My third consecutive year of attending San Diego Comic-Con (SDCC) didn’t disappoint. Though this particular event wasn’t a litany of goodies, panels or stars I was dying to check out, it certainly had enough buzz and energy to keep me coming back. Did I mention San Diego Comic-Con is scheduled for July 8-12, 2015? Hell yeah, I’m going. See you there (unless your initials are D.H.)!
Once more, I was fortunate enough to be able to purchase a 4-day badge which includes preview night. What is preview night? For the uninitiated, preview night is a three-hour glimpse of the convention floor. Though a handful of the booths are unoccupied (late arrivals), the overwhelming majority are ready to chat, pitch wares, hand out swag, and show off their best stuff. There is a unique vibe to preview night because everyone is pretty fresh. Feet don’t hurt, no one is hungry, and moods are light, friendly, and brimming with anticipation. The other benefit of preview night: crowds are thin. The convention floor is just over 525,000 square feet featuring hundreds of booths, displays, vendors, and opportunities to buy memorabilia… so off we set.
The last two years I started walking the floor in Artist’s Alley but this year we shook it up and went for the far end of the floor, near the toys and gadgets. If you take a close look at these maps, you can begin to grasp the scale of the convention floor. Notice the large restroom facilities and compare that to the rest of the facility (which had to be divided up for this post). Massive. Absolutely massive.
In actuality, I’ve now realized doing either is a mistake. From my vast (sarcasm) experience, the BEST thing to do is either A) head to the main (middle) convention floor and see what all the studios and television networks are handing out or B) head to that particular toy booth to purchase that exclusive item. Am I much for nerd toys? Not really; however, if you can plunk down $150 for item X, and pull $450 online for that same item upon returning home, it could make sense to mess with it. Hrmmmm, mebbe…
Anyway, started at the far end and the crowds were predictably average. There was plenty of space to move about, stroll casually and generally enjoy the experience. I noticed the energy level was moderate, at least at the far end, but there was still plenty of whooping, hollering, giggles, and “Look at that!” moments-of-wonder. I noticed a significant Xbox One presence but nothing overt from Playstation. I found that curious. Perhaps Playstation is resting on its laurels from being in the lead in console sales? I’m unsure but I was surprised to see a significant line waiting to try out the latest and greatest, as-yet-unreleased offerings from Microsoft. Well, Comic-Con is an entertainment convention so I guess it makes sense.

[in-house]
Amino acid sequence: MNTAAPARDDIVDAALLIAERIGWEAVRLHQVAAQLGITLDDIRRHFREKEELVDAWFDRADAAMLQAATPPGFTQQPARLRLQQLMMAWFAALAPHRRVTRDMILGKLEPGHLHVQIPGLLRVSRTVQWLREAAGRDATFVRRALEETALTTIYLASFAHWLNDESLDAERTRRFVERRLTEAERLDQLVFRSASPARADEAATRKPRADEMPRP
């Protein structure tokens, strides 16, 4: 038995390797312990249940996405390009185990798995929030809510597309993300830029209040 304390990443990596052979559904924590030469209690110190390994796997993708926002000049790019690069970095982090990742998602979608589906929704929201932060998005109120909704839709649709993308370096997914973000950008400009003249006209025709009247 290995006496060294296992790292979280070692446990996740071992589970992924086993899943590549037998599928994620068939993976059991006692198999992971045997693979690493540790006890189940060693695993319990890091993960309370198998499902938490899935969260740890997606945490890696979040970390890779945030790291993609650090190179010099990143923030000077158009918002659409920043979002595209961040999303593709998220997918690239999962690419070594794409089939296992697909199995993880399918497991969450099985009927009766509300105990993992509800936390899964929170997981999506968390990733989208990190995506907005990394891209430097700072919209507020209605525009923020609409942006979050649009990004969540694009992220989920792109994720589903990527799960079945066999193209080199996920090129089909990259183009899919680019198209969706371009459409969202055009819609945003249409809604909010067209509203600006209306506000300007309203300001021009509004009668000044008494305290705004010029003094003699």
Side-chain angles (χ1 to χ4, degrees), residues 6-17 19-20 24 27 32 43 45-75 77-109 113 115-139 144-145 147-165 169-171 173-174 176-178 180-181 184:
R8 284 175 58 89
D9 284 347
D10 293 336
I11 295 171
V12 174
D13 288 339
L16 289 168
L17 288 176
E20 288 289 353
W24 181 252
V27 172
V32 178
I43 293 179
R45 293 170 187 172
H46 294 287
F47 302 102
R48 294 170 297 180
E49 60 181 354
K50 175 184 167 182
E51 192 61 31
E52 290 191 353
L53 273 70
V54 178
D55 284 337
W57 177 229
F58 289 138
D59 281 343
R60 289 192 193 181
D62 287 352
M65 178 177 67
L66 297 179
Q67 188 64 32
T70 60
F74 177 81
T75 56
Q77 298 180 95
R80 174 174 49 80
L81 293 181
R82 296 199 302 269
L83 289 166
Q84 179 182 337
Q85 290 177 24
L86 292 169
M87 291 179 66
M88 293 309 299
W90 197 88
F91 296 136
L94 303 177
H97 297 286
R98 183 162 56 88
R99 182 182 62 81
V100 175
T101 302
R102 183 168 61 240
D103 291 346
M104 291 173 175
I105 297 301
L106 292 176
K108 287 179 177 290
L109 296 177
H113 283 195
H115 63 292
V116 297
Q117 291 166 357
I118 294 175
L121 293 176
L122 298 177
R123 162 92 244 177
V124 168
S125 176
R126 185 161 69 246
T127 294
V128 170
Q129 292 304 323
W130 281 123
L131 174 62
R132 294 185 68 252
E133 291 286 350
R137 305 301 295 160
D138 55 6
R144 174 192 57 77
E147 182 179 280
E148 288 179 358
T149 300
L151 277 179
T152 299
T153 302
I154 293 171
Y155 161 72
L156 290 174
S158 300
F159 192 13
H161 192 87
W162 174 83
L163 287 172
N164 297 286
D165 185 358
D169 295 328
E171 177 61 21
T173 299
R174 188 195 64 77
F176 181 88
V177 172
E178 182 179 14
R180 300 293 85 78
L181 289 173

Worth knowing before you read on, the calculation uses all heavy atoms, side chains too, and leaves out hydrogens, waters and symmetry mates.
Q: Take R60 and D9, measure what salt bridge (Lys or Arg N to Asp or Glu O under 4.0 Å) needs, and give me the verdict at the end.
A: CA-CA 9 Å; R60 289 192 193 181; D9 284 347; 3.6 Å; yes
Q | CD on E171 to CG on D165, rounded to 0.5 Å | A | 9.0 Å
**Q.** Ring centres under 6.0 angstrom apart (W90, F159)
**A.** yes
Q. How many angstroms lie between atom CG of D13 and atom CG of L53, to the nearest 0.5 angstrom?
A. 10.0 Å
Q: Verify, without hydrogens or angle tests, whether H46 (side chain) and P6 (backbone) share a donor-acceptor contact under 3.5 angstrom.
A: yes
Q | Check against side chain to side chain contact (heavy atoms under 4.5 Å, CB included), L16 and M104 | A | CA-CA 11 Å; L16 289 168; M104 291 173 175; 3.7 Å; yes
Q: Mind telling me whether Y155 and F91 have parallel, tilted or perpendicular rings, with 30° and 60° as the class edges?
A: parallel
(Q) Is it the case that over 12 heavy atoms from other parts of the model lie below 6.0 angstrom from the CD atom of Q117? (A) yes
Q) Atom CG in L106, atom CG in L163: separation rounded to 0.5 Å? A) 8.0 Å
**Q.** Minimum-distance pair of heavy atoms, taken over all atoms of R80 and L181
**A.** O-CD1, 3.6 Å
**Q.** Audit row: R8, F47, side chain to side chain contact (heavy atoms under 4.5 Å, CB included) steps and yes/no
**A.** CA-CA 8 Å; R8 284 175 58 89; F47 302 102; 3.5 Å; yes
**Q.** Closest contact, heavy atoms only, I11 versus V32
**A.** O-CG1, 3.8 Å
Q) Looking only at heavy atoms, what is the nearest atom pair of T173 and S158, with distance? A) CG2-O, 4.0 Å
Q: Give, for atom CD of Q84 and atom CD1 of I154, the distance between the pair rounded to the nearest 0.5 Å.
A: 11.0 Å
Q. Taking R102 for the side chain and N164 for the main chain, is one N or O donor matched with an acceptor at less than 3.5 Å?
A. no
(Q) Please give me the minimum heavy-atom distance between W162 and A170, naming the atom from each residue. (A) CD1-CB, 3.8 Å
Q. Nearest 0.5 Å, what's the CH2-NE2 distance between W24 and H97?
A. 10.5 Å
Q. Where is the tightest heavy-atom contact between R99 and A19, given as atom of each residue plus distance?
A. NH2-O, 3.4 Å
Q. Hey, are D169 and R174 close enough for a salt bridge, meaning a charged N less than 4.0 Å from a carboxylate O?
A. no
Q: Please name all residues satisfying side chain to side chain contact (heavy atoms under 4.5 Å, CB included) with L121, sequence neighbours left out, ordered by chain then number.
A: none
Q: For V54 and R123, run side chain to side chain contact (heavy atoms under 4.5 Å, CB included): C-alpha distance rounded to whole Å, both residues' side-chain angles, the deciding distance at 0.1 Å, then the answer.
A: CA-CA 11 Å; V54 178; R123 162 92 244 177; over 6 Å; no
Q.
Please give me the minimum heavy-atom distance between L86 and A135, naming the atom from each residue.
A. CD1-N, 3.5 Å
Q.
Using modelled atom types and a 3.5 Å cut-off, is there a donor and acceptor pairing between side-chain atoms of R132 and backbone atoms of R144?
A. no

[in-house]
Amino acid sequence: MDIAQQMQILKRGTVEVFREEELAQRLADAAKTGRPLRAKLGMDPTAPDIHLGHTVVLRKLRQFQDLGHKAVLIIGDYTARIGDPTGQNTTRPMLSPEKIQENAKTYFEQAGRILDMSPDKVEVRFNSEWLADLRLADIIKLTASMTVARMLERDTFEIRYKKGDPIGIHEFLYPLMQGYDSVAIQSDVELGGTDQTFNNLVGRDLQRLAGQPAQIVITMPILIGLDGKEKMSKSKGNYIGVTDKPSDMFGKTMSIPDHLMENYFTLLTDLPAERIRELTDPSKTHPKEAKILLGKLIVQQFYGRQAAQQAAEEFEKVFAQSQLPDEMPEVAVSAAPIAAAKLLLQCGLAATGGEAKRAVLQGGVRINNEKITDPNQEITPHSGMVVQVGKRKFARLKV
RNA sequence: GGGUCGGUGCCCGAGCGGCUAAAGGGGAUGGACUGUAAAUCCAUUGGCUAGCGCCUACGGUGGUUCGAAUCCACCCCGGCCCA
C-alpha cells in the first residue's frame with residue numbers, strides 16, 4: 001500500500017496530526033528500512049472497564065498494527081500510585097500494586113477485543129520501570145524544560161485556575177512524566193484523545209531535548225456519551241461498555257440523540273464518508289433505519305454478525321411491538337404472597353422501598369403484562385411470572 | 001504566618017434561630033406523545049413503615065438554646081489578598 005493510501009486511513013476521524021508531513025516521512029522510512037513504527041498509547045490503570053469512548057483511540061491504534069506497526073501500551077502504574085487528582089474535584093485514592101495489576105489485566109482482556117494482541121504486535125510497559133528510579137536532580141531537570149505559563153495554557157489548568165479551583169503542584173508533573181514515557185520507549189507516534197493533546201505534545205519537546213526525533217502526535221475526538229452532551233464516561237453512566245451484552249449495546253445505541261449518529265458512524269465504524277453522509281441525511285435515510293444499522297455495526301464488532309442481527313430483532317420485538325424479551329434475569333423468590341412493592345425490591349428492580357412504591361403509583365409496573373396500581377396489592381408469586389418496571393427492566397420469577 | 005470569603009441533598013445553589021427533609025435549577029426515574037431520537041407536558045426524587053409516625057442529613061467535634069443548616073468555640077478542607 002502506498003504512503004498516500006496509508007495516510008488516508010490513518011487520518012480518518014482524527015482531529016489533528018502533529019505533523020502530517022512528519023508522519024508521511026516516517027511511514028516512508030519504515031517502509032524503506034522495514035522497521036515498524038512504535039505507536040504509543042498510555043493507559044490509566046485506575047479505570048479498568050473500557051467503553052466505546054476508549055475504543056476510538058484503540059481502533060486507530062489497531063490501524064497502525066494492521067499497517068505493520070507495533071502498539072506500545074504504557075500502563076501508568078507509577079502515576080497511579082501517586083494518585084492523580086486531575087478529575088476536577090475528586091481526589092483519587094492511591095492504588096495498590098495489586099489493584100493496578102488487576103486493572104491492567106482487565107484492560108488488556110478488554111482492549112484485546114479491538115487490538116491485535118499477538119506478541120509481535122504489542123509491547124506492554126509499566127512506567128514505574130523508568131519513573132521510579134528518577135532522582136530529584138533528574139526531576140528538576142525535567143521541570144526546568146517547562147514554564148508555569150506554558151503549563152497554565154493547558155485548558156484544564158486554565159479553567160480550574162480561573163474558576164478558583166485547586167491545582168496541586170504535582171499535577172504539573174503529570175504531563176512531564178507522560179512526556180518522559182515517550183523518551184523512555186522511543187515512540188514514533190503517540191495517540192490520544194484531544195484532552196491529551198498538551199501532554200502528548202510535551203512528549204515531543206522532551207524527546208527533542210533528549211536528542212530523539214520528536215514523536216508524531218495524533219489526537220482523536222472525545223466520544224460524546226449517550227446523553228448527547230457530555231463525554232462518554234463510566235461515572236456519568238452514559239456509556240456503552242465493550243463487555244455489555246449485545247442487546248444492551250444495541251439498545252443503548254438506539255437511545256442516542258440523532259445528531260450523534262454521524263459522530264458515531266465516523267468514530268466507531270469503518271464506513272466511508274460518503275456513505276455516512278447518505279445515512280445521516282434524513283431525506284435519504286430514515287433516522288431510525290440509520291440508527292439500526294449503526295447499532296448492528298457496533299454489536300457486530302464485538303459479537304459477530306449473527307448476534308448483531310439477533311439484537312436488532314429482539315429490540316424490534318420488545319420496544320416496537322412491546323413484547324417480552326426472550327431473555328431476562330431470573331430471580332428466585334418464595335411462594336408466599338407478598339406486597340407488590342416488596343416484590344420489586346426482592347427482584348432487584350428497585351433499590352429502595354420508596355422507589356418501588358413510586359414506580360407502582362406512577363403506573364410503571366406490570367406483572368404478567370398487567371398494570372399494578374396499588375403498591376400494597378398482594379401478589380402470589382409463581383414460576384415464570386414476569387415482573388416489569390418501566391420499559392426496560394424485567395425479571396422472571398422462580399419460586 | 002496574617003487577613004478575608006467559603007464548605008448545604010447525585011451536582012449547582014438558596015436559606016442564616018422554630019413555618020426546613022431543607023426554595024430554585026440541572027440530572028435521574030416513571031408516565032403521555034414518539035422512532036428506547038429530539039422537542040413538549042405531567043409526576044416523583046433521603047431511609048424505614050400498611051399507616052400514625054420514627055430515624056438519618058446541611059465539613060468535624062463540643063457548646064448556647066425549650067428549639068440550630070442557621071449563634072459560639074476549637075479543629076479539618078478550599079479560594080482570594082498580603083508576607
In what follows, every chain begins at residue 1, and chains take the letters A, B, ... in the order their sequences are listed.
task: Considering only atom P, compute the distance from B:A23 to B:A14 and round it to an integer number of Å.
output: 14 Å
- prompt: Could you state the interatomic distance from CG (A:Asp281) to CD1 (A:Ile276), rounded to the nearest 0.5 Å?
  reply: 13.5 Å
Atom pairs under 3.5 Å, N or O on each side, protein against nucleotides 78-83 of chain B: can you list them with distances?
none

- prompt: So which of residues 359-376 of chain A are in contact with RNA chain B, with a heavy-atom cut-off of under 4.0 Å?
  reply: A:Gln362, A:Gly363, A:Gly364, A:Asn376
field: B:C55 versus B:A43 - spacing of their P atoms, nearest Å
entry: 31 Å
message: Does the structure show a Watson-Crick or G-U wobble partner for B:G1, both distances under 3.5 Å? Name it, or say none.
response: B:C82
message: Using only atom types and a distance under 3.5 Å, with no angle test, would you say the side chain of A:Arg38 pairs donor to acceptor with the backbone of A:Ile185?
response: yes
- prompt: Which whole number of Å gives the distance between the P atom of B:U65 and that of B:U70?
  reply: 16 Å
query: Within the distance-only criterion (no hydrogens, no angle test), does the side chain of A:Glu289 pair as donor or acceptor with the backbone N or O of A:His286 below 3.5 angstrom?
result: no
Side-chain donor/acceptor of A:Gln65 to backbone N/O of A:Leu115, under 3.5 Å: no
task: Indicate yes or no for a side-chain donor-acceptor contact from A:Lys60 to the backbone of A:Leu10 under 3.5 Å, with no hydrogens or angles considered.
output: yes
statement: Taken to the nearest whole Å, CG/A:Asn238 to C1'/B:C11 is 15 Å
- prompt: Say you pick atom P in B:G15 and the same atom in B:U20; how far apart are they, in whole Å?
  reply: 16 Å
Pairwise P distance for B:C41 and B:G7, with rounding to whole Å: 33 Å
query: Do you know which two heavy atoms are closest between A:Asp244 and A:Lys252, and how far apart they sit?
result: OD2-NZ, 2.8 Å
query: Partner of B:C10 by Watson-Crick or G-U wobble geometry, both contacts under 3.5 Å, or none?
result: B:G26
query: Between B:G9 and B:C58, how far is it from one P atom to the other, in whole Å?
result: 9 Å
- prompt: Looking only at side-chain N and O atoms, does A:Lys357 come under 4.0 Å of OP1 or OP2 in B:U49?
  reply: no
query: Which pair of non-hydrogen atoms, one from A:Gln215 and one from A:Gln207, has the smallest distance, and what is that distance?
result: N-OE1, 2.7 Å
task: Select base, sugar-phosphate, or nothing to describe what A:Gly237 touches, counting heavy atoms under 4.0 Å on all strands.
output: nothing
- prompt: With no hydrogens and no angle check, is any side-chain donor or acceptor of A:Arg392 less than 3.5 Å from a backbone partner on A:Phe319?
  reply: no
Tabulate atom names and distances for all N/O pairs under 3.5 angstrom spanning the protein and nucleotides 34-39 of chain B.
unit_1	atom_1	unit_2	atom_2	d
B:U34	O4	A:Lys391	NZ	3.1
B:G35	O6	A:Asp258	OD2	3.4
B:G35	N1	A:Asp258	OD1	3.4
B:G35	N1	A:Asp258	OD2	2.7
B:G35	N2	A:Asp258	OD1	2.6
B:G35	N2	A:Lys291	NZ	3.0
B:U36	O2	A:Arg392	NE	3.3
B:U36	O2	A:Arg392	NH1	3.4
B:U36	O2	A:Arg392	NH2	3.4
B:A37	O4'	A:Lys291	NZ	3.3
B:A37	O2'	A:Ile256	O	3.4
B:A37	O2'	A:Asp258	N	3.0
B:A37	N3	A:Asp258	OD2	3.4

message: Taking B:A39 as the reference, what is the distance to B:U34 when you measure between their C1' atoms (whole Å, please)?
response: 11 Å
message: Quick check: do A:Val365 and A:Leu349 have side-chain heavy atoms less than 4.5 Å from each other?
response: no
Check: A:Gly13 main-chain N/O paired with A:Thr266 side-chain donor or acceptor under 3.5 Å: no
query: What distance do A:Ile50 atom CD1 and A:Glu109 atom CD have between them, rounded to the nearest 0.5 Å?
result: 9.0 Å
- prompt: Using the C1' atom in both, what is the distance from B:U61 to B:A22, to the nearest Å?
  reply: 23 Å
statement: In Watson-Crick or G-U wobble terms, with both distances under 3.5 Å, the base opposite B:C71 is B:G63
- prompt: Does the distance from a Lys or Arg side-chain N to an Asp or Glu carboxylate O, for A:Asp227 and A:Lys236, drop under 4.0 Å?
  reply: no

The rest of preview night went pretty quickly. After seeing perhaps 1/5th of the convention floor in around three hours, the announcement proclaimed the floor would be closing in 30 minutes. Time to get the hell out of dodge and grab a shuttle bus back to the hotel, all while trying to beat the crowds with the same idea.
My standard plan for the first full-day of Comic-Con normally centers around walking the floor (or as much as I can). Normal floor hours are 9am to 7pm and you’d think ten hours should be enough to get it done. Well, it isn’t, not if you’re actually strolling, absorbing, and drinking in the event. One doesn’t have the luxury of taking full strides on the floor from Thursday onward because the crowds only thicken as the convention wears on. Is that a bad thing? Not really. One must expect to be pushed, shoved, jostled, stepped on, leaned on, and frowned at. It is part of the exquisite gravy which sizzles around Comic-Con.
Walking the floor is one thing but panels and brushes with the stars are something else entirely. After checking Thursday’s program schedule, there were some panels which jumped out (i.e., 24, Under the Dome, Scorpion premier, Comedy Central’s Key & Peele) but what actually got my attention was meeting one of my favorite authors of all time: Joe Abercrombie. I found the panel, found a seat, and settled in to watch the “Putting the Epic Back in Epic Fantasy.” Filled with authors of high regard, I was surprised by how much fun Joe was. A friend of mine met George RR Martin three years ago and was less than thrilled by the stoic and seemingly dismissive demeanor of Martin but Abercrombie was in a different league entirely. During the panel he joked and exchanged barbs with Brent Weeks and other panel members. In the book signing later, he was taking selfies with fans, continued cracking wise, and was even kind enough to sign my Comic-Con badge (along with a few books) as I implored him to turn the First Law series into a television experience superior to Game of Thrones. “Got $300,000 in your pocket?” he quipped with a wry smile. The experience did nothing to diminish my enjoyment of both Joe Abercrombie’s books nor his personality.
Thursday finished without any other panels, lots of pictures, a mental note for a couple of prints which caught my eye, two sore feet, and a therapeutic late evening dunk in the hot tub. Just before hitting the sack, I took a moment to flick through my photographs and found cosplay the overwhelming theme. Here is a solid sample: